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Ye sacred Muses, if ye will admit

My name into the roll which ye have writ

Of all your servants, to my thoughts display

Some rich conceit, some unfrequented way,

Which may hereafter to the world commend

A picture fit for this my noble friend:

For this is nothing, all these rhimes I scorn;

Let pens be broken, and the paper torn;

And with his last breath let my musick cease,

Unless my lowly poem could increase

In true description of immortal things;

And, rais'd above the earth with nimble wings,

Fly like an eagle from his funeral fire,

Admir'd by all, as all did him admire.

The Teares of the Isle of Wight, shed on the Tombe of their most Noble, valorous, and lotting Captaine and Gouernour, the right Honourable Henrie, Earle of Southampton: who dyed in the Netherlands, Nouemb. -±-g- at Bergenvp-Zone. As also the true Image of his Person and Vertues, lames; the Lord JVriothesley, Knight of the Bath, and Baron of Titchfield; who dyed Nouemb. T3- at Rosendaell. And were both buried in the Sepulcher of their Fathers, at Tichfield, on Innocents day, 1624.

To the Right Honovrable, Thomas, Earle of Sovthampton; All Peace and Happinesse.

My very Honourable good Lord:

It hath pleased God to make your Lordship Heire vnto your most Noble Father, and therefore I thinke you haue most right to these Teares, which were shed for him, and your renowned Elder Brother. If I did not know by mine own obseruasion, that your Lordship was a diligent Obseruer of all your Fathers Vertues (touching which also, you haue a daily Remembrancer) I would exhort you to behold the shadow of them delienated here, by those which much admired him liuing, and shall neuer cease to honour his Memory, and loue those that doe any Honour vnto him. The Lord increase the Honour of your House, and reioyce ouer you to doe you good, vntill hee haue Crowned you with Immortalitie. Your Lordships at command, W. Iones.

To the Reader.

Coming lately to London I found in publike' and priuat, many Monuments of honor, loue and griefe, to those Great Worthies; the Earle of Southampton, and his Sonne, which lately deceased in the Low-Countries, whiles they did Honour to our State and Friends. And because it cannot be denied, but wee of the Isle of Wight (of whom that Noble Earle had the speciall Charge and Care) were most obliged vnto his Honour: I thought it very meet to publish these Teares, which (for the greater part) were shed in the Island long since for priuate vse, and adiudged to darknesse; but that my selfe (being bound by particular duty to doe all Honour to these Gracious Lords) intreated that they might still Hue, which not without importunitie I obtained. And now they are set forth, neither for fashion, nor flattery, nor ostentation; but meerely to declare our loue and respect, to our neuer sufficiently Commended Noble Captaine. So take them without curiositie; and farewell.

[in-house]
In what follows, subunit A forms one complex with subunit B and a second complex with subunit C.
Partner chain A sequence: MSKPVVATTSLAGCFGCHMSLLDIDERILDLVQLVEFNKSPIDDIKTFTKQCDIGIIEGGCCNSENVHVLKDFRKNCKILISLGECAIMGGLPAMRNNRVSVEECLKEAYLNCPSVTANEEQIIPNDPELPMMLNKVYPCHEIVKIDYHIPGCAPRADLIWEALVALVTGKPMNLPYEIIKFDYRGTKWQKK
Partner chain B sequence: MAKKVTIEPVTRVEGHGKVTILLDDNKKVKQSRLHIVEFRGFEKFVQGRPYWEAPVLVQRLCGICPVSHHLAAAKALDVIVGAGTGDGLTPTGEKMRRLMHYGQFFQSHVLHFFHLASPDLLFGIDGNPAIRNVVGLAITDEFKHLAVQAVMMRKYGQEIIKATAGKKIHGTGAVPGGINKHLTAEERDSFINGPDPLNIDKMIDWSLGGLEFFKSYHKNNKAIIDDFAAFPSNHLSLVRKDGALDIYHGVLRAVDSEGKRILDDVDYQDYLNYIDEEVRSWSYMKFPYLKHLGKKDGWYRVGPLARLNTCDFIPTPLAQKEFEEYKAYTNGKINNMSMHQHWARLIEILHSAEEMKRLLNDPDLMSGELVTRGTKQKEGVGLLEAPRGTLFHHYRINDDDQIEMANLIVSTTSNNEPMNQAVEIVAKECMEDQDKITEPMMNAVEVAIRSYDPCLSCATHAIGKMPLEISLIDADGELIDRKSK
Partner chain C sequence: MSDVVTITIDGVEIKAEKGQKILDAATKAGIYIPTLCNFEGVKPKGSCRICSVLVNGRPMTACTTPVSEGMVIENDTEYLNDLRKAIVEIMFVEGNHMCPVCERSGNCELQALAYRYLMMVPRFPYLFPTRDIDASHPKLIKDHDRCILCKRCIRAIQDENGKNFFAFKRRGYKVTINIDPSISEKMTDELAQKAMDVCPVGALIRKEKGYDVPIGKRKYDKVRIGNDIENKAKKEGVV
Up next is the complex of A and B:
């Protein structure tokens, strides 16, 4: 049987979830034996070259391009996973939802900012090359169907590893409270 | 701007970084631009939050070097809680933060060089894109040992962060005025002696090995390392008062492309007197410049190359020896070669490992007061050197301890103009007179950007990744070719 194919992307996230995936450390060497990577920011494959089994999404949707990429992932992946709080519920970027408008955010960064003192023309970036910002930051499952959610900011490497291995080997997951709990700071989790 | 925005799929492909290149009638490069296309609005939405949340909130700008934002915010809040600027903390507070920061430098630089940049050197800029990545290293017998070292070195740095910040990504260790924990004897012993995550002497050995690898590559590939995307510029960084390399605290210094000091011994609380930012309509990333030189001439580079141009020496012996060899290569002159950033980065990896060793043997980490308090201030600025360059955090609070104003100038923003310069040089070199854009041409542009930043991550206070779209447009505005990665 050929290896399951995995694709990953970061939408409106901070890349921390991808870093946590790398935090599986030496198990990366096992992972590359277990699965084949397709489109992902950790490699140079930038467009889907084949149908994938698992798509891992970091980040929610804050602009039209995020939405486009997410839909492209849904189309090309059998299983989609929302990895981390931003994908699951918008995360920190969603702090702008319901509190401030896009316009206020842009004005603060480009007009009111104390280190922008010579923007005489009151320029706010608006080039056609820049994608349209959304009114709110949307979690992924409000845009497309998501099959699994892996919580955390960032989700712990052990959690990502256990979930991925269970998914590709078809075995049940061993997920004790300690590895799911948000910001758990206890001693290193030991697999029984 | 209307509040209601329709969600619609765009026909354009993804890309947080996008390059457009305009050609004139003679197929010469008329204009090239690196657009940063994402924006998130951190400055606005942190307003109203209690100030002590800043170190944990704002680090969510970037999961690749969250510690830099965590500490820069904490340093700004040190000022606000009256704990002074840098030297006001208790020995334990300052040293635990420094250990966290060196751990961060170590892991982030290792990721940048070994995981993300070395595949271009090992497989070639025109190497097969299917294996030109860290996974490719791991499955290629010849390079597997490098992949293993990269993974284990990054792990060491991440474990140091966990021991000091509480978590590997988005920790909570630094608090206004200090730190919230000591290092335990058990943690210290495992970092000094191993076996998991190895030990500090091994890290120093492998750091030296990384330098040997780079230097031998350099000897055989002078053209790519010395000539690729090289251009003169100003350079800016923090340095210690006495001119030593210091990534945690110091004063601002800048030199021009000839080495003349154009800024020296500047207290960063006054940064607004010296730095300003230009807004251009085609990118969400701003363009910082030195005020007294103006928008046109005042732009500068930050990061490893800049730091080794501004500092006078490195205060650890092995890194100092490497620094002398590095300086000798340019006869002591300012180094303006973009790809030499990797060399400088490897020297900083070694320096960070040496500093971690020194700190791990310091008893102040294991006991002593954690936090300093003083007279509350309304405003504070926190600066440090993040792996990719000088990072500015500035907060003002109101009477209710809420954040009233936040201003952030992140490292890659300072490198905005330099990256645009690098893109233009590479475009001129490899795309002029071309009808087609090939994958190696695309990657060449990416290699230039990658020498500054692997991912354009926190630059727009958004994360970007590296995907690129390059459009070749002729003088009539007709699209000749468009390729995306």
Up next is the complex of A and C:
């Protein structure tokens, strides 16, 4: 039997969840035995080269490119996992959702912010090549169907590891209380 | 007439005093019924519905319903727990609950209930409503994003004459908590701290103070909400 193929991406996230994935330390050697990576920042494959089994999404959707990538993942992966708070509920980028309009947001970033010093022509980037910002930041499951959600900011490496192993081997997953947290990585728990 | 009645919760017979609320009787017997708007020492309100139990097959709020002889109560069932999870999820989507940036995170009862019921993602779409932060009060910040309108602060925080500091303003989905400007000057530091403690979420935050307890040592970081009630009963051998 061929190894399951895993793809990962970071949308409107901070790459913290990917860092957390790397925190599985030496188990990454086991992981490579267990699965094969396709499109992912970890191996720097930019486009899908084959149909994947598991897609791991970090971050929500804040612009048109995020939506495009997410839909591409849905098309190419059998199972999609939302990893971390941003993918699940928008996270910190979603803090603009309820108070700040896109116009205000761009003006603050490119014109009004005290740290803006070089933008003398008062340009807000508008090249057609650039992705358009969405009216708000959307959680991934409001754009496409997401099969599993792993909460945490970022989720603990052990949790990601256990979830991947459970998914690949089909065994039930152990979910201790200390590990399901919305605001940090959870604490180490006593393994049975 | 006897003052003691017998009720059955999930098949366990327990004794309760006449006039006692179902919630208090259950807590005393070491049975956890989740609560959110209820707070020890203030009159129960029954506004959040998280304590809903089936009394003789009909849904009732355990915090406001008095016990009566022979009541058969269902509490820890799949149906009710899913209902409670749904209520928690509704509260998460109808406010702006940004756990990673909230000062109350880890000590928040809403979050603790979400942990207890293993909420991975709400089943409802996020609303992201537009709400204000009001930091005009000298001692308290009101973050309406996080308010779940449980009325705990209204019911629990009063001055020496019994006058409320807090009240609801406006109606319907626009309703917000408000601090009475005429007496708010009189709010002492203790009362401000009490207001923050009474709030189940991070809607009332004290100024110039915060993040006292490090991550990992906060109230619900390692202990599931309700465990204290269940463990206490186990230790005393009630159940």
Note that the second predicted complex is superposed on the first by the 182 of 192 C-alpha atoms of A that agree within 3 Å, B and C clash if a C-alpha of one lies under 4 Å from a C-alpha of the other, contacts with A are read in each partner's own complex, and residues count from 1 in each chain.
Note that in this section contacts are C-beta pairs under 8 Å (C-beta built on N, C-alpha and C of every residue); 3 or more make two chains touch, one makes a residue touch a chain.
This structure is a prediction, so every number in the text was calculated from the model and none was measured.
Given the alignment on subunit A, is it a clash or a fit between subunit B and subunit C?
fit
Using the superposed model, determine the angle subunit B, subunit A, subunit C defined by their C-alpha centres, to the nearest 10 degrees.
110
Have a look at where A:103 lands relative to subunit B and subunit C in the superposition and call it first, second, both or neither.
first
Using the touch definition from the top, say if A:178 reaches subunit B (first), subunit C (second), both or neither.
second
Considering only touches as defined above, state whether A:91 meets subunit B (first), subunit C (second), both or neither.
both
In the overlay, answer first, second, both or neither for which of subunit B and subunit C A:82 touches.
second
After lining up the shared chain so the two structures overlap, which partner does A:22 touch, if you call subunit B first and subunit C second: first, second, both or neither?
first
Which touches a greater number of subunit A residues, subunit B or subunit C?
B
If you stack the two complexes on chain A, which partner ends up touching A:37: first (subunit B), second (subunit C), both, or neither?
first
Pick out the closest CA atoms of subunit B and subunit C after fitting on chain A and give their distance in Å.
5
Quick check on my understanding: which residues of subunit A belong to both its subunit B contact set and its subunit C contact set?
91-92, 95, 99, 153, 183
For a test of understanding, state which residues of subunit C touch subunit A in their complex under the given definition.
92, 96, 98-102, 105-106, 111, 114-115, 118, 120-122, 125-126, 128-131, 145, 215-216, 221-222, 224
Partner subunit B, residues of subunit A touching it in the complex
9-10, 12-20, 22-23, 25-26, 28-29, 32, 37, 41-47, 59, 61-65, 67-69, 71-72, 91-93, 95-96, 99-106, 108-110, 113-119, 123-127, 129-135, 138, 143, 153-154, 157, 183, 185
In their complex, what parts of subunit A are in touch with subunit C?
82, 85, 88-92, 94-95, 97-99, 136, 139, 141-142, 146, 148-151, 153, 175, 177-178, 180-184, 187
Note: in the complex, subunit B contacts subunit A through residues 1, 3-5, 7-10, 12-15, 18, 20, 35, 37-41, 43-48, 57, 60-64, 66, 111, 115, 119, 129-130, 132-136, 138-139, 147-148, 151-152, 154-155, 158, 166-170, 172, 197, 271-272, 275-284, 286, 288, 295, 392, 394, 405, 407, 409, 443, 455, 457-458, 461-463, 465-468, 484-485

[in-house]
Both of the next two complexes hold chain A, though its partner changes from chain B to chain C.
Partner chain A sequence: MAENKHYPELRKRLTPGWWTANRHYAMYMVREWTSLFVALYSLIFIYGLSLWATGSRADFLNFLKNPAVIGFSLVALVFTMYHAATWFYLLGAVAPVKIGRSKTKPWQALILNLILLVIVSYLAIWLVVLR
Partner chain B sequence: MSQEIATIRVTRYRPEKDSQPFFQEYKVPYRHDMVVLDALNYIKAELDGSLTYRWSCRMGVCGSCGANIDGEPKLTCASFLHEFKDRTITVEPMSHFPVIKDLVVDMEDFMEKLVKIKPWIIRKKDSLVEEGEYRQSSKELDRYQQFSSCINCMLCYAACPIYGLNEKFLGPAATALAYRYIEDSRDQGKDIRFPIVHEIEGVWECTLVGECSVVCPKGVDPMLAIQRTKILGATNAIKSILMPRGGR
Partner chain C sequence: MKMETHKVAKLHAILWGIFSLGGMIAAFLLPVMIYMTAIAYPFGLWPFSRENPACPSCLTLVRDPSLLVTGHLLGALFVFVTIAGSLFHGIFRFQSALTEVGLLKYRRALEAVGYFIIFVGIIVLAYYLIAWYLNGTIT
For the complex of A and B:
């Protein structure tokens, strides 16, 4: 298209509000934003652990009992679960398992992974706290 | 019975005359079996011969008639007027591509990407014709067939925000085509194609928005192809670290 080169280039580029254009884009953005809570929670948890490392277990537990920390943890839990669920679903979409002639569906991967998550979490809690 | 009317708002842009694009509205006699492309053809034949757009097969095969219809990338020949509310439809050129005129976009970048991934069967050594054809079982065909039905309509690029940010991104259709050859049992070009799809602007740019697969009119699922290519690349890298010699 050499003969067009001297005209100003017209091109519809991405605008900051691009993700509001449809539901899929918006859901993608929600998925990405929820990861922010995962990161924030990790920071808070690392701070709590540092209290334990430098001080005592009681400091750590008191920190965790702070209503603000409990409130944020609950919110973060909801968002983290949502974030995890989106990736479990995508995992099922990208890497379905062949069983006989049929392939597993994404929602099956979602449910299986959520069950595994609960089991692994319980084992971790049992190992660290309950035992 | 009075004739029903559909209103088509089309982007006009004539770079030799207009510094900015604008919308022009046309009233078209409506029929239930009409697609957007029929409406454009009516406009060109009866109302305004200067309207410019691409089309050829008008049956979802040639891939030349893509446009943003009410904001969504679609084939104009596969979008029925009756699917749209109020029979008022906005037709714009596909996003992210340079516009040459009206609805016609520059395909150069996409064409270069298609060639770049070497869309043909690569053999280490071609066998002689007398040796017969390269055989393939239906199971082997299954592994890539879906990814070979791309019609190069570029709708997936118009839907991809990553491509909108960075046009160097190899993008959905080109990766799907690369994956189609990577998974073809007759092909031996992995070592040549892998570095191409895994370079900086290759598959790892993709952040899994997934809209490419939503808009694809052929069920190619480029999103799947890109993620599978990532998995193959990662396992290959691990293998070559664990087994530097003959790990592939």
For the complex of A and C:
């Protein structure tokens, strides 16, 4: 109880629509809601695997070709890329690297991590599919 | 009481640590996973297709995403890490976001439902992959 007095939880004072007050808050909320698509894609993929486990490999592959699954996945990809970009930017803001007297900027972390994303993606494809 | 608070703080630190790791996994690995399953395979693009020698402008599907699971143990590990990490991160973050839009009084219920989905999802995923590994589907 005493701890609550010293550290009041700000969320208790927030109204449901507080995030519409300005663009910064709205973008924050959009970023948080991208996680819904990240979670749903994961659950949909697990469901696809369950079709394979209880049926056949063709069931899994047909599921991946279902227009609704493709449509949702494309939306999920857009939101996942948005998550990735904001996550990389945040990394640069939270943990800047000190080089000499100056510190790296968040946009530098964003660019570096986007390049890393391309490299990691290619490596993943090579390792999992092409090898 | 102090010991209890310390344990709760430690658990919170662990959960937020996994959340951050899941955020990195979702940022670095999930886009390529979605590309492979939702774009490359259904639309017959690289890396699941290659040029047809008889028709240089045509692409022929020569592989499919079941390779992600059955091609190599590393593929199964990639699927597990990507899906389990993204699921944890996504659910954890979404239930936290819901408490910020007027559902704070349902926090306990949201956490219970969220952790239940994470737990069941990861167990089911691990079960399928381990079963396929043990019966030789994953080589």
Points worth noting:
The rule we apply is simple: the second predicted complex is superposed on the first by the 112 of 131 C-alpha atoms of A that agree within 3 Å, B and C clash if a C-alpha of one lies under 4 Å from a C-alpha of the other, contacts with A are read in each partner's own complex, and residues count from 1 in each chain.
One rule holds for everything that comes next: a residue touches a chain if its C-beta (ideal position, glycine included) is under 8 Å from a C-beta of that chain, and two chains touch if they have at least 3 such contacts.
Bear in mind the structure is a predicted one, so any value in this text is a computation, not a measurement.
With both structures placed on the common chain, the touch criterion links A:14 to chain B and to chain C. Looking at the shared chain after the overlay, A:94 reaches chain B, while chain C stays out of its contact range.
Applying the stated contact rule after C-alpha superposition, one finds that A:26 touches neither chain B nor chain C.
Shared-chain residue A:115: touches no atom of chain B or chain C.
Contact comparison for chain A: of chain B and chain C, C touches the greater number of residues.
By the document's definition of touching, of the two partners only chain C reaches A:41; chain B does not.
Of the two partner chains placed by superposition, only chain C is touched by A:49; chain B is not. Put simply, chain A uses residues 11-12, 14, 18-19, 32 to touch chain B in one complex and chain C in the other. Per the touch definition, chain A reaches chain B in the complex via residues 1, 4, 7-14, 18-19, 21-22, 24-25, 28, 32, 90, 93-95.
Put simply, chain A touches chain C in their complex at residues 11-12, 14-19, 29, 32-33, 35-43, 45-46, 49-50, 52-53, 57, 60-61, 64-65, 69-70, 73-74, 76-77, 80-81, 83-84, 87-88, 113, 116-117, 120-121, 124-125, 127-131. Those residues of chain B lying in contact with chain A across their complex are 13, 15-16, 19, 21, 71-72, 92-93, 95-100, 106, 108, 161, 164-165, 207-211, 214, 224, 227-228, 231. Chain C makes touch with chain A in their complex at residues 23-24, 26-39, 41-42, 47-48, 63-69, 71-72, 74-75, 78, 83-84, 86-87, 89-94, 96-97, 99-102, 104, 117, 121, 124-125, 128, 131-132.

1 From this it appears that some Elegies on Lord Southampton had been published soon after his death, which have not yet been discovered. Braithwaite published a poem on his death, called Britaines Bathe, but I have not met with it.

An Epicede vpon the Death of the right Noble and Honourable Lord, Henry, Earle of Southampton, Baron of Tichfield, Knight of the most Honourable Order of the Garter: Captaine of the Isle of Wight.

Mors vlti1na, linea reruro.

Quia est homo qui viuet & non videbit mortem. Pi.

Yee famous Poets of this Southerne Islle,
Straine forth the raptures of your Triigick Muse;
And with your Laurea't Pens come and compile,
The praises due to this Great Lord: peruse

His Globe of Worth, and eke his Vertues braue,

Like learned Maroes at Mecenas graue.

Valour and Wisdome were in thee confin'd;
The Gemini of thy perfection,
And all the Graces were in thee combin'd,
The rich mans ioy and poores refection,

Therefore the King of Kings doth thee imbrace,

For aye to dwell in iust Astraeas place.

Nought is Immortall vnderneath the Sun,

Wee all are subiect to Deaths restlesse date,

Wee end our liues before they are begun,

And mark't in the Eternall Booke of Fate. But for thy Selfe, and Heire one thred was spun
And cut: like Talbots and his valiant Sonne.

Planet of Honour rest, Diuinely sleepe

Secure from iealousie and worldly feares,

Thy Soule Iehovah will it safely keepe:

I, at thy Vrne will drop sad Funerall Teares.
Thou A'leluiah's vnto God alone,